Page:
UGANDA, Kisenyi | Real Muloodi News | The Kisenyi land deal has been put on hold by the Minister of Finance, Planning and Economic Development, Mr Matia Kasaija until ownership wrangles are resolved.
The Kampala Capital City Authority (KCCA) wants to purchase a 10-acre piece of land from a local businessman, Mr John Bosco Muwonge and Boost Investments Limited, for the construction of a market where street vendors would be relocated.
However, the land is under ownership contest as the administrators of the estate of Erenesiti Keresipo Kizito are claiming ownership of the same land.
In a letter to the Executive Director of KCCA, Ms Dorothy Kisaka, Minister Kasaija said negotiations to pay for the land would not make progress unless the land wrangles have been resolved.
He had summoned Ms Kisaka, Mr Muwonge, M/S Obed Mwebesa and Associated Advocates, the Head of the Private Sector Development Unit in the Finance Ministry, and the head of the legal unit in the same ministry for a meeting to resolve the matter on February 1.
However, the meeting was held on February 5, and the minister didn’t get clear answers as two parties claimed ownership.
On January 5, 2023, M/S Obed Mwebesa and Associated Advocates, the representative of Ms Eseza Nola Nakibuuka, an administrator of Late Kizito’s estate, wrote to the Permanent Secretary of Finance asking to halt the payments for the said land to Ms Boost Investments Limited, saying the ownership of land is still before the court.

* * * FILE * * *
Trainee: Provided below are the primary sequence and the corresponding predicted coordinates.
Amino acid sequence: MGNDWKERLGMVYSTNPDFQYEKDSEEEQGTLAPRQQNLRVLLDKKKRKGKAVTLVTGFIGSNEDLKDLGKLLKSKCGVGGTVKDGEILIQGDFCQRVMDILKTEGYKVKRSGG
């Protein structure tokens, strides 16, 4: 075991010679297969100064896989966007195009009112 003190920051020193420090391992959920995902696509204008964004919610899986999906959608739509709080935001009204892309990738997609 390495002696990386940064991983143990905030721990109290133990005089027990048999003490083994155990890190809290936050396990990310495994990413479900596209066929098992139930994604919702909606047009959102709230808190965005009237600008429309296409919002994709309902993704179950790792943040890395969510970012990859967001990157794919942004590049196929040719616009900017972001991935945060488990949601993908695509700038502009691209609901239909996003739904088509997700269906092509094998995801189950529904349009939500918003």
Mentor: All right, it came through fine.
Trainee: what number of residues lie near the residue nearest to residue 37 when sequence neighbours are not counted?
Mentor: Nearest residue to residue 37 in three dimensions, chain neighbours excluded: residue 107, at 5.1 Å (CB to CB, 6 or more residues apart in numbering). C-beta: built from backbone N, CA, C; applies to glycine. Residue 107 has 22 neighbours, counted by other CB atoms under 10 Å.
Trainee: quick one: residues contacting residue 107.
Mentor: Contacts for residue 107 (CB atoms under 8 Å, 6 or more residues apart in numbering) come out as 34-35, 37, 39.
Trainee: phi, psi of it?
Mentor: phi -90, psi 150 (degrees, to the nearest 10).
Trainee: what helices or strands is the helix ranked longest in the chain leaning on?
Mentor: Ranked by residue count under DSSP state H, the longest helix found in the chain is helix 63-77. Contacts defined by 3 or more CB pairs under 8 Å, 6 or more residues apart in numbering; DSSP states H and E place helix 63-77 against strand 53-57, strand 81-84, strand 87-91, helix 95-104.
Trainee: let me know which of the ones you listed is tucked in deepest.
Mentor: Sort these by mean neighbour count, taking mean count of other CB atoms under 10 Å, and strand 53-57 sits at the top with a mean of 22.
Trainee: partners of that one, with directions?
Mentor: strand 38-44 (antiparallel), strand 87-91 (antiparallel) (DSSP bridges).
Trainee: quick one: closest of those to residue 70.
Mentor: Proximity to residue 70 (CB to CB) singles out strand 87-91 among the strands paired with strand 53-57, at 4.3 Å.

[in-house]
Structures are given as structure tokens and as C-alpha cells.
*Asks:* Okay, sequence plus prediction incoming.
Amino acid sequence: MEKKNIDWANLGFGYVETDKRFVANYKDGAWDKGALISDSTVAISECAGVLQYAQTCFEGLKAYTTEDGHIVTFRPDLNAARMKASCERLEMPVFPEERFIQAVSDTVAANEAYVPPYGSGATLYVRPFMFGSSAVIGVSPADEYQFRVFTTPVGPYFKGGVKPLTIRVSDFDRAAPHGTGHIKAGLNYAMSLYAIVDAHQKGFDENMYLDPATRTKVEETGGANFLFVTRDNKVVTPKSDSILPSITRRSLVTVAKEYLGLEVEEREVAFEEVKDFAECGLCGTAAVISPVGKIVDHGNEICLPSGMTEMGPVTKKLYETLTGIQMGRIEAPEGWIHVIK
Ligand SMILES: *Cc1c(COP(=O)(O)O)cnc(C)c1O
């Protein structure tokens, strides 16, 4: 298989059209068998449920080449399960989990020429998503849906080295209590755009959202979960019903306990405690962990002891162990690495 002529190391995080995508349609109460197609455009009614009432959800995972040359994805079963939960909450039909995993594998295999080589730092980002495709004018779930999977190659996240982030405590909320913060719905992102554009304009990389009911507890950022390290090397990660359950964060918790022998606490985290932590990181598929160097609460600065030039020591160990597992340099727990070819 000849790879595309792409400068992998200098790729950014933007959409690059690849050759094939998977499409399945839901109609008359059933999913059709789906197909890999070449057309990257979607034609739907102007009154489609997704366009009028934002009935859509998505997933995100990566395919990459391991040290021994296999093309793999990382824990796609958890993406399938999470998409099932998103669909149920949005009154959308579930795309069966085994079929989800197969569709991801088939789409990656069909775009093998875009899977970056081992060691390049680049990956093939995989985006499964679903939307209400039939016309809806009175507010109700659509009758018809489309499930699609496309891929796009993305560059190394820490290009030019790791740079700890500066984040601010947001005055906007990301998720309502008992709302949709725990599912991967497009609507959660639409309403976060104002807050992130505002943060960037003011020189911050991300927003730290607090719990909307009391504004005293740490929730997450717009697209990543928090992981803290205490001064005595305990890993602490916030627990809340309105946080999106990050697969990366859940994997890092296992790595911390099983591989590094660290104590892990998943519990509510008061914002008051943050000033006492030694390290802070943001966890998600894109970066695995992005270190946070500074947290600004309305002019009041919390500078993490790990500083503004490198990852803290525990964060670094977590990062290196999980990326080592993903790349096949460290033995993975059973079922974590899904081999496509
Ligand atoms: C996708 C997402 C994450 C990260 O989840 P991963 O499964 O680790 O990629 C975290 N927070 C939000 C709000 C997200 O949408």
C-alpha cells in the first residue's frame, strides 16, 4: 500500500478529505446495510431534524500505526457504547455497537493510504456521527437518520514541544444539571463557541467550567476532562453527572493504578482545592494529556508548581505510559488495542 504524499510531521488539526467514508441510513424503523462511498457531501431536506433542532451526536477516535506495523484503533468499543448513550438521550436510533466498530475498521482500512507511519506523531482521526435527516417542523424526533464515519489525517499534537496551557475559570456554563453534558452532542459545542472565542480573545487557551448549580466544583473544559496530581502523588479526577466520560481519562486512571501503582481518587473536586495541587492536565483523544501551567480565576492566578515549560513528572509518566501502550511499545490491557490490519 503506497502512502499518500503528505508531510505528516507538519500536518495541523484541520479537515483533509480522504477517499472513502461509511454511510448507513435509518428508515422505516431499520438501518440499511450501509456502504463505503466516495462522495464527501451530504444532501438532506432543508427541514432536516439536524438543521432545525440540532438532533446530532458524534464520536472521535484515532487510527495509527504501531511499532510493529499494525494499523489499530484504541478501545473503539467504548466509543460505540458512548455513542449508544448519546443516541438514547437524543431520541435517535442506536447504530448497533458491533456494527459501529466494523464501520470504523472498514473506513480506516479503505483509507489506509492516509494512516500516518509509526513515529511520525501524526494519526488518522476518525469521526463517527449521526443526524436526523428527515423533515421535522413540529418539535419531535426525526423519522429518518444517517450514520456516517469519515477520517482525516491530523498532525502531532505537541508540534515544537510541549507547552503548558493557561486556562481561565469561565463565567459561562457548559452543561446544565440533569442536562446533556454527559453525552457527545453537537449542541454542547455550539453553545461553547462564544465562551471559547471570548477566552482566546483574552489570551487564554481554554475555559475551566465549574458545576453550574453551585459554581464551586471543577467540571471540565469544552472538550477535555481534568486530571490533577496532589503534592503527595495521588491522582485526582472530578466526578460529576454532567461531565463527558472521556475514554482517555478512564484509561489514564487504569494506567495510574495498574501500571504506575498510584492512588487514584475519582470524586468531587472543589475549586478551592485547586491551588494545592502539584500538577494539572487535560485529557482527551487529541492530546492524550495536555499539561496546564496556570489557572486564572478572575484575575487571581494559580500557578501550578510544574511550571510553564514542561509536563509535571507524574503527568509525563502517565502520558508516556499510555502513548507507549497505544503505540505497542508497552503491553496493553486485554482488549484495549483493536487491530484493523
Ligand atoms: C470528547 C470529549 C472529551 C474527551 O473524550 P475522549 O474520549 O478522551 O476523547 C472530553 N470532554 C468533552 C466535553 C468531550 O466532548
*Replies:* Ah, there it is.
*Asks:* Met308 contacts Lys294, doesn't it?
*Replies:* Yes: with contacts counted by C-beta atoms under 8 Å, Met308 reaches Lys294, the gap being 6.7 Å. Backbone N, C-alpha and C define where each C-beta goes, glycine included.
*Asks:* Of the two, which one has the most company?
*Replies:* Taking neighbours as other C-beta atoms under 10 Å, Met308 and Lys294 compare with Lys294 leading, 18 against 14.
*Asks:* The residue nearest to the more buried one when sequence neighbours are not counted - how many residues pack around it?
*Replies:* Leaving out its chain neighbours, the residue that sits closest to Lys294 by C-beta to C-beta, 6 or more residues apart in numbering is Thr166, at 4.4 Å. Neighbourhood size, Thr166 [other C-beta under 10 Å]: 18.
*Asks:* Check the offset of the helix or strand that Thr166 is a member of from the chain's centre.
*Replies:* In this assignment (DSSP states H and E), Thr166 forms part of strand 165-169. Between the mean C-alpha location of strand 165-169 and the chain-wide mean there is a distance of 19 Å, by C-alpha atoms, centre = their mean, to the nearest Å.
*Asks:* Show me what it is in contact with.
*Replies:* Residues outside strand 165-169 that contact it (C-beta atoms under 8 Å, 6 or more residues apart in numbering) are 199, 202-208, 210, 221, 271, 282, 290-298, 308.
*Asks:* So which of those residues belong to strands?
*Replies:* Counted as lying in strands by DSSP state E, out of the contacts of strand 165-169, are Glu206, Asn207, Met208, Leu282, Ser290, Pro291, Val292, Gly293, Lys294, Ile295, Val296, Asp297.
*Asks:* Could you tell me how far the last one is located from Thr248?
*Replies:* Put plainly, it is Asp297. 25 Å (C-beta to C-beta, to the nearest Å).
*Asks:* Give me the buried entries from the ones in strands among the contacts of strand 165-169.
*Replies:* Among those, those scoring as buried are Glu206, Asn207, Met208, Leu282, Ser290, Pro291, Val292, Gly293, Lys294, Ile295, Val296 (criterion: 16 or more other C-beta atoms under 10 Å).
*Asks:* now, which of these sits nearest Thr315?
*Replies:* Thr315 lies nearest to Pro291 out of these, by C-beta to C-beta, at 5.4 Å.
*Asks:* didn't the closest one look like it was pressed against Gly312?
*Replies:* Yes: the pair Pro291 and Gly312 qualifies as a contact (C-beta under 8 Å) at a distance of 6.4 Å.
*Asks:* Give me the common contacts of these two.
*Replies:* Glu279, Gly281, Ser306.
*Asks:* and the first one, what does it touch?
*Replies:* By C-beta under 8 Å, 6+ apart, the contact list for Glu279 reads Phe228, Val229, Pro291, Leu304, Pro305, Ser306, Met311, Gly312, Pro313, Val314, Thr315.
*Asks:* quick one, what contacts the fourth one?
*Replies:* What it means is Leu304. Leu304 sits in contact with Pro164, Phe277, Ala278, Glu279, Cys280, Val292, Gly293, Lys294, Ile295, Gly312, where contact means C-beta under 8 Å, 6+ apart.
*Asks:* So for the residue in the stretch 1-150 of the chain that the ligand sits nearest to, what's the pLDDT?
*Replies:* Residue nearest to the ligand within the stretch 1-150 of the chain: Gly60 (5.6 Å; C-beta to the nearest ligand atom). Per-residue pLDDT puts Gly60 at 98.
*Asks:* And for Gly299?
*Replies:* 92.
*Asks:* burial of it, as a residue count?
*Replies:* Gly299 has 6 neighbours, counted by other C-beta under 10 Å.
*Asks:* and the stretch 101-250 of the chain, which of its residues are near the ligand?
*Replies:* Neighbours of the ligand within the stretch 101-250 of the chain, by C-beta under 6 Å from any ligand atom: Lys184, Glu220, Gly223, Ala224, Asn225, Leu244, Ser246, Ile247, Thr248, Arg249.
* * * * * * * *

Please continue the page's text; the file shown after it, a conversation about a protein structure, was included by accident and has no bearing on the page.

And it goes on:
“In the premises, this is to request you to immediately put on halt the said payment of the above money to Ms Boost Investments Limited as the court still has an obligation to adjudicate over the issue of the ownership of the said land. This will save the government from losing money in case court finds in our client’s favour,” a letter by M/S Obed Mwebesa & Associated Advocates read in part.
The Kampala Lord Mayor, Mr Erias Lukwago, protests the purchase of the 10-acre piece of land at USh370b, saying the payment is inflated.
The spokesperson of KCCA, Mr Simon Kasyate, said he wasn’t aware of the meeting and wouldn’t comment on “whether the pending issues have been resolved” or not.
The Kisenyi land deal has been a subject of controversy since its inception, with the KCCA accused of inflating the payment to the landowners.
The ownership wrangles have only served to delay the project further.
The Kisenyi market project is a crucial one for the KCCA, as it seeks to decongest the city and provide better facilities for street vendors.
The delay in the project could have far-reaching effects on the livelihoods of these vendors.
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